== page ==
If Orwell had “won,” however, where was the need for the novel, especially when its literary qualities had always been secondary to its political use? In a world where “Big Brother” and “Room 101” had become light entertainment programs, Garton Ash struggled for an answer. Notably, he did not find it in Nineteen Eighty-Four:

Fortunately, there is a more compelling reason why we should read Orwell in the 21st century. This is that he remains an exemplar of political writing. Both meanings of “exemplar” are required. He is a model of how to do it well, but he is also an example—a deliberate, self-conscious and self-critical instance—of how difficult it is.

If I had to name a single quality that makes Orwell still essential reading in the 21st century, it would be his insight into the use and abuse of language. If you have time to read only one essay, read “Politics and the English Language.” This brilliantly sums up the central Orwellian argument that the corruption of language is an essential part of oppressive or exploitative politics. “The defence of the indefensible” is sustained by a battery of euphemisms, verbal false limbs, prefabricated phrases, and all the other paraphernalia of deceit that he pinpoints and parodies.18

To the extent that Nineteen Eighty-Four could be directed “inward” as well as “outward” (Garton Ash cites the Newspeak of U.S. and British propaganda in the Kosovo conflict of 1999 as an example), there might be a renewed strength in Orwell's vision. Unfortunately, the tendency is still to co-opt Orwell as a valiant proponent of a “West” which has turned its back on “democratic socialism,” the socialism that Orwell supposedly espoused but arguably sabotaged.19 Significantly, Garton Ash never considers this argument; indeed, his own revision of history, on Orwell's transmission of names to British intelligence just before Nineteen Eighty-Four was published, is telling:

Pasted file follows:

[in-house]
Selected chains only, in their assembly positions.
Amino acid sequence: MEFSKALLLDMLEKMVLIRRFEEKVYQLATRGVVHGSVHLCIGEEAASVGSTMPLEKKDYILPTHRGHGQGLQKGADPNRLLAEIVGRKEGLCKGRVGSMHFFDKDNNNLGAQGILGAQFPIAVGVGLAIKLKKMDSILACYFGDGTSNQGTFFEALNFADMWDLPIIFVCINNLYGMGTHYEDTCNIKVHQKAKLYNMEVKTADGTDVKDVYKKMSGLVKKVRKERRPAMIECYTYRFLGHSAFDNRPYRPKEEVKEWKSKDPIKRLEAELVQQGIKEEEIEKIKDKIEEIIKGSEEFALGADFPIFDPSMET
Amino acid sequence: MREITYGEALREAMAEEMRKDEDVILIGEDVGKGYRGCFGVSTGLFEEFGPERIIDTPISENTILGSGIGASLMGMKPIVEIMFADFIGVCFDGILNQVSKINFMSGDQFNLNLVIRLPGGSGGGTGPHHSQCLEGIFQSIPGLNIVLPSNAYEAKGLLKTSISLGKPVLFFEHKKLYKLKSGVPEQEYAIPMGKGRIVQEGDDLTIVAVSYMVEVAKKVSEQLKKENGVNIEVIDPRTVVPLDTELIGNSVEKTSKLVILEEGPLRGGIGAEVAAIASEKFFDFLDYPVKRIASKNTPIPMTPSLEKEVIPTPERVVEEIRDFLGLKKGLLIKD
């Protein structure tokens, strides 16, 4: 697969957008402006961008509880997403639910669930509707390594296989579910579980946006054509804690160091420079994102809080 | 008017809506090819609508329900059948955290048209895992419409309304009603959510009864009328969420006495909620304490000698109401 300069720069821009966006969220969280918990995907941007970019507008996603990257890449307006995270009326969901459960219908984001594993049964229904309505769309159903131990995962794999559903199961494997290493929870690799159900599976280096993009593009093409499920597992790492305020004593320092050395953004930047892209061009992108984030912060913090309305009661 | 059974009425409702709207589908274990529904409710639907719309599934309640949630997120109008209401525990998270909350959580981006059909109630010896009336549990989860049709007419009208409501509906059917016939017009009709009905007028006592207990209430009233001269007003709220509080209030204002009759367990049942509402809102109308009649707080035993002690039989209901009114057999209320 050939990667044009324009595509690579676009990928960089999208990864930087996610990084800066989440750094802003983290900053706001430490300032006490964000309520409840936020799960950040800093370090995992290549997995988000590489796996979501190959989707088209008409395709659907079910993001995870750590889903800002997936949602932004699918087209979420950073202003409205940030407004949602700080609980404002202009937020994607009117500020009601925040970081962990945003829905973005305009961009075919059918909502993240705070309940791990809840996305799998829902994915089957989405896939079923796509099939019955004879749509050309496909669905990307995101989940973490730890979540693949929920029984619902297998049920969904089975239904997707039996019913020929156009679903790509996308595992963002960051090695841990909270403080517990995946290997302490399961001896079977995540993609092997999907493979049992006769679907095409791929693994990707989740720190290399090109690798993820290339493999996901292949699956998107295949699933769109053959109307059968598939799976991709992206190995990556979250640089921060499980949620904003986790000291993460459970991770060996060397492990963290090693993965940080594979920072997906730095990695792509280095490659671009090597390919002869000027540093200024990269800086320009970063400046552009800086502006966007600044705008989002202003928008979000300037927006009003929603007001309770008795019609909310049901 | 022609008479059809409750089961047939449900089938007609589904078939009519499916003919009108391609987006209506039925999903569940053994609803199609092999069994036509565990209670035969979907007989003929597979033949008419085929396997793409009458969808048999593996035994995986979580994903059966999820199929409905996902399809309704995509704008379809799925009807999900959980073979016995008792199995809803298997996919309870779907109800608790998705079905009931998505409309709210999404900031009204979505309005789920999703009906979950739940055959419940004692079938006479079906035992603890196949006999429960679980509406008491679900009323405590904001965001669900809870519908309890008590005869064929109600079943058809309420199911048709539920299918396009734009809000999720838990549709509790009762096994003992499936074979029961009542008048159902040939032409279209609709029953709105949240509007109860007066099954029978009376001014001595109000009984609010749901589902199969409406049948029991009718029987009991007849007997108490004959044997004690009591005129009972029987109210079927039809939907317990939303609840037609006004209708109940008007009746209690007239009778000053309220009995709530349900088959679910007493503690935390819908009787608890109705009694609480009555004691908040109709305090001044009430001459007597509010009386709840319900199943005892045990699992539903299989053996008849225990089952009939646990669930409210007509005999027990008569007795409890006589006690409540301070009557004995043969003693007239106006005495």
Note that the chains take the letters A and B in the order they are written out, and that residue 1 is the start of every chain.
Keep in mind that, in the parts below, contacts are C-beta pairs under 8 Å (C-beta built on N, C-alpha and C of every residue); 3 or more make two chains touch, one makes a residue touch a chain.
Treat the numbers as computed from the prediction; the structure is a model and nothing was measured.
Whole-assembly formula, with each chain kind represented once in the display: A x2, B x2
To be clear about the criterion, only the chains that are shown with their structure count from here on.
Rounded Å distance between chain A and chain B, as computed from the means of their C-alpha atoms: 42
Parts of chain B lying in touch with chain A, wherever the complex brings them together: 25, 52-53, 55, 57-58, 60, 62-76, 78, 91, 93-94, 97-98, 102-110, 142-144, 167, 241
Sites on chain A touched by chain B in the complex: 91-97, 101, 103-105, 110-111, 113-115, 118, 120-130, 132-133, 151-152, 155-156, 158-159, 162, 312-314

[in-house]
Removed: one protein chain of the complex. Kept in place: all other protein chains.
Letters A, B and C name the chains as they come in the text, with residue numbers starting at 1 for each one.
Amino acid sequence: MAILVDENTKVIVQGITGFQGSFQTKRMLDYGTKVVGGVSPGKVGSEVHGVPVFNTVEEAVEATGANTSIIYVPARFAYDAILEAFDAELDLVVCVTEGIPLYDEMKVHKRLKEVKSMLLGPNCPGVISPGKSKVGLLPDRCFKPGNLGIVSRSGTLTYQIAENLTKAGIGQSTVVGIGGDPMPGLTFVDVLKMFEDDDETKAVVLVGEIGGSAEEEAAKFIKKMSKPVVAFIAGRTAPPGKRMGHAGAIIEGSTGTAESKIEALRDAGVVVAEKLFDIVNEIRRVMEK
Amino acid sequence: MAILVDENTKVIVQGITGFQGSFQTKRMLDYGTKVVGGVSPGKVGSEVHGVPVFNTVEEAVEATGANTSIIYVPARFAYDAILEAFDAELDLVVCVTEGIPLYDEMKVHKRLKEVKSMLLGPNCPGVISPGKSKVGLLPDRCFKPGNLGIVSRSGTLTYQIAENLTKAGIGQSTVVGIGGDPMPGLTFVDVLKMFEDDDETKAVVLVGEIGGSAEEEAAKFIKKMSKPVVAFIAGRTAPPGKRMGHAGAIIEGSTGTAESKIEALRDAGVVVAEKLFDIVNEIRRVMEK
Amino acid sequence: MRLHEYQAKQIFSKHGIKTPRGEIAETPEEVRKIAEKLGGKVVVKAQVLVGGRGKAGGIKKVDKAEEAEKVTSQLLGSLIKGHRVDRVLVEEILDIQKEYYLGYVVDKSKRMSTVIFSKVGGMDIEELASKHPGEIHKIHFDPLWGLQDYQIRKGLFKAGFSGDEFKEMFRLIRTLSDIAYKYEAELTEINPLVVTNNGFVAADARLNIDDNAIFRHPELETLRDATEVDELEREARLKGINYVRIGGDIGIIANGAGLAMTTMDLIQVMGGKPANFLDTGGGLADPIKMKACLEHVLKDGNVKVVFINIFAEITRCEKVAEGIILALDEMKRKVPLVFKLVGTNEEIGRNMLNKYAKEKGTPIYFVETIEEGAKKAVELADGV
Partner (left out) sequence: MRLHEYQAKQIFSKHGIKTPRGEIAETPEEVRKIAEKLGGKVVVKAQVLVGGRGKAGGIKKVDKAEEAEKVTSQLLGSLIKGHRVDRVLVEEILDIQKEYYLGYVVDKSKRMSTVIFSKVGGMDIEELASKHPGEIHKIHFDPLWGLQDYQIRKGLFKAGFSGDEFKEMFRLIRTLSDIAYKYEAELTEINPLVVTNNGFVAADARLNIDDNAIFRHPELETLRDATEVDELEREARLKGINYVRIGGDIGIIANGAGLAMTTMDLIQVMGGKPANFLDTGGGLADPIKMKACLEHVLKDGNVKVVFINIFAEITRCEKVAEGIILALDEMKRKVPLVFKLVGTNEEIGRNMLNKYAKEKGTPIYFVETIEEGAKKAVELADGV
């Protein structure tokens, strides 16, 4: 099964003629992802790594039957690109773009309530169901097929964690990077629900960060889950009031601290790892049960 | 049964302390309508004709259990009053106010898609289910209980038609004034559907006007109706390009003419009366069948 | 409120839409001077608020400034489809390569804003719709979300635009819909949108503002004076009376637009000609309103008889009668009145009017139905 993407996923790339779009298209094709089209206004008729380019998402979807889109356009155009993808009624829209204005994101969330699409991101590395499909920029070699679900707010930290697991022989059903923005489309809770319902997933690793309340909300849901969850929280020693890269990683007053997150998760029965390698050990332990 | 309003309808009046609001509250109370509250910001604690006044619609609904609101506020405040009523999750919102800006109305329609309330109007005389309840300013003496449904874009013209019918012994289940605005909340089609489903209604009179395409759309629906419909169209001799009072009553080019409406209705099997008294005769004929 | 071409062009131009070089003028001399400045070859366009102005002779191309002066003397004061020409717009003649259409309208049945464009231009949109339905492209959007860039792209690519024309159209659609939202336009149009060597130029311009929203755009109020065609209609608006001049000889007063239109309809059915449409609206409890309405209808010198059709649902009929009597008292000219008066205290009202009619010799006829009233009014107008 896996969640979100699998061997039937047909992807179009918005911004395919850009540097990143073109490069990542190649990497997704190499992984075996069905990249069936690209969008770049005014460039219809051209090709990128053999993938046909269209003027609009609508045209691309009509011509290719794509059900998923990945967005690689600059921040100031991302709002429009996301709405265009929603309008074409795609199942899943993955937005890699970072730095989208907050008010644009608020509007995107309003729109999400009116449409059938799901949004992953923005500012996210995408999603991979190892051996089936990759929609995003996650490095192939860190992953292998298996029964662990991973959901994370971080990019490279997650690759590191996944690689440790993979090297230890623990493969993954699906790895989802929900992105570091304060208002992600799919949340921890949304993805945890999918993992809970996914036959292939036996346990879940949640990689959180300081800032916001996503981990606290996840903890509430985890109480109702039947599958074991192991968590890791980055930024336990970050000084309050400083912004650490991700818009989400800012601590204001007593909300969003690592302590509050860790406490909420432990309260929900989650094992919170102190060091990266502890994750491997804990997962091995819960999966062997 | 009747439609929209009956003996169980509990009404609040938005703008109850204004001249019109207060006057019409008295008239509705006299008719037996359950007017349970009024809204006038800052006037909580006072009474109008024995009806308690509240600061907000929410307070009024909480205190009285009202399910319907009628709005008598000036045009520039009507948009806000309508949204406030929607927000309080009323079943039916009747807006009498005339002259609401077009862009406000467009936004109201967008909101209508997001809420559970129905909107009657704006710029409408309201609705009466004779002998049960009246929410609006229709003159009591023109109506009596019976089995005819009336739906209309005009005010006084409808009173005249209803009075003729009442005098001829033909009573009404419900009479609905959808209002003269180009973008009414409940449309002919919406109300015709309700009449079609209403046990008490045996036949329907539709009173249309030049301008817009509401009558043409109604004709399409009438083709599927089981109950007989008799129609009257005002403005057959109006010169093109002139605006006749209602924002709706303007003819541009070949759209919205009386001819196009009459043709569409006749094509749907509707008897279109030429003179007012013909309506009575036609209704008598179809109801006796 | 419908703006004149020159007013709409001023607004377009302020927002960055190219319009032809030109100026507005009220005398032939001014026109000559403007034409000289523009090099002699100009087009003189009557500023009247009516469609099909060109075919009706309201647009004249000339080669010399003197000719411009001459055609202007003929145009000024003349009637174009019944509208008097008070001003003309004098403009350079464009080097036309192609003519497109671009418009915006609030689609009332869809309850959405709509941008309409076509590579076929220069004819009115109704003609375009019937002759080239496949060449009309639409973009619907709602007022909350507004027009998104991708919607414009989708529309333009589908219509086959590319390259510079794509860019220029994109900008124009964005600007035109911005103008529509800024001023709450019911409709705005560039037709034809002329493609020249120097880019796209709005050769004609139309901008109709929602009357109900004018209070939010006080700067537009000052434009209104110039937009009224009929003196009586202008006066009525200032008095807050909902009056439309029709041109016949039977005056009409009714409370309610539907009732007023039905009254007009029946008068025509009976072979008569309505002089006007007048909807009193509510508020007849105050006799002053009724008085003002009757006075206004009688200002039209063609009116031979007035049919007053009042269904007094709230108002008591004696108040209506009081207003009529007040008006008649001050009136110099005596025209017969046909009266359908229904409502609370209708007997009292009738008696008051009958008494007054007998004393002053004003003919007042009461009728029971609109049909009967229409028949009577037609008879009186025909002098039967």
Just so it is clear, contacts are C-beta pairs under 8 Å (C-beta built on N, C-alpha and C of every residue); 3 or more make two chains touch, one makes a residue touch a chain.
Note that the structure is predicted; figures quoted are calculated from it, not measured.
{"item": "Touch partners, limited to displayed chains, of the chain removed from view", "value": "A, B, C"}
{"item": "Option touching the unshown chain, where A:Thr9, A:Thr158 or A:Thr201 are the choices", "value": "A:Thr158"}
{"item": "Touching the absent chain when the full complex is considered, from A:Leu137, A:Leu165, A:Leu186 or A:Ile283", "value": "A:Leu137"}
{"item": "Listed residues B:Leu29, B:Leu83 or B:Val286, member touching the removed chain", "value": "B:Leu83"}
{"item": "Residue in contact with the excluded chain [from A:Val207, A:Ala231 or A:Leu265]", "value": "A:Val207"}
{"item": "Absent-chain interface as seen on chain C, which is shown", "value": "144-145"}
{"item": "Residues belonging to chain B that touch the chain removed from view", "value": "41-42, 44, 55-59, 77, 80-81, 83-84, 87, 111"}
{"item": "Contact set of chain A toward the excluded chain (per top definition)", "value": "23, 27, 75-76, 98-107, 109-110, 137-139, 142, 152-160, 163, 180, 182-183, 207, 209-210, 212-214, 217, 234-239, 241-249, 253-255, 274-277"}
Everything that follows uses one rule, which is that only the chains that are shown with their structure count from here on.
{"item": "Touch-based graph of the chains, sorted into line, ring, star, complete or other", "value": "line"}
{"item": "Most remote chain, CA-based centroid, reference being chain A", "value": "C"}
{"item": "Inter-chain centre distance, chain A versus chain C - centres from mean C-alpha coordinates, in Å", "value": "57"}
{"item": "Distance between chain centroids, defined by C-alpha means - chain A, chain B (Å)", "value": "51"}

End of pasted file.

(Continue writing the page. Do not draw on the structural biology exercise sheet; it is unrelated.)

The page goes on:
[First,] there were Soviet agents and sympathisers about, and they were influential. …

Second, Orwell did not give this notebook to the British secret service. He gave a list of 35 names drawn from it to the Information Research Department, a semi-secret branch of the Foreign Office which specialised in getting writers on the democratic left to counter the then highly organised Soviet communist propaganda offensive.20

The first assertion is questionable at best, the second misleading and arguably false.

Rightly or wrongly, Nineteen Eighty-Four was framed most effectively by Cold War politics as a text directed against the external “enemy.” While most cultural references to the novel in 2001 refer to the issue of domestic surveillance, they do not carry the weight of the criticism of the last 50 years. There is no organized movement, comparable to the anti-Communist literary critics of the 1950s, curbing the expansion of closed-circuit television.

Today the U.S. and the “West” face a new enemy which is not the organized State/Party of the Soviet system but, frustratingly, an enemy called “terrorism” which does not have an orthodox structure or easily-defined ideology. In this new international environment, Nineteen Eighty-Four's place is uncertain.


  1. Quoted in Bernard Crick, George Orwell: A Life (Harmondsworth: Penguin, 1982), pp. 565-6.

  2. David Hencke and Rob Evans, “How Big Brothers Used Orwell to Fight the Cold War,” The Guardian, June 30,,338230,00.html.

  3. John Atkins, George Orwell (London: Calder and Boyars, 1954), p. 1.

  4. Hencke and Evans, “How Big Brothers Used Orwell to Fight the Cold War.”

  5. Conor Cruise O'Brien, The Listener, 12 December 1968, pp. 79-8.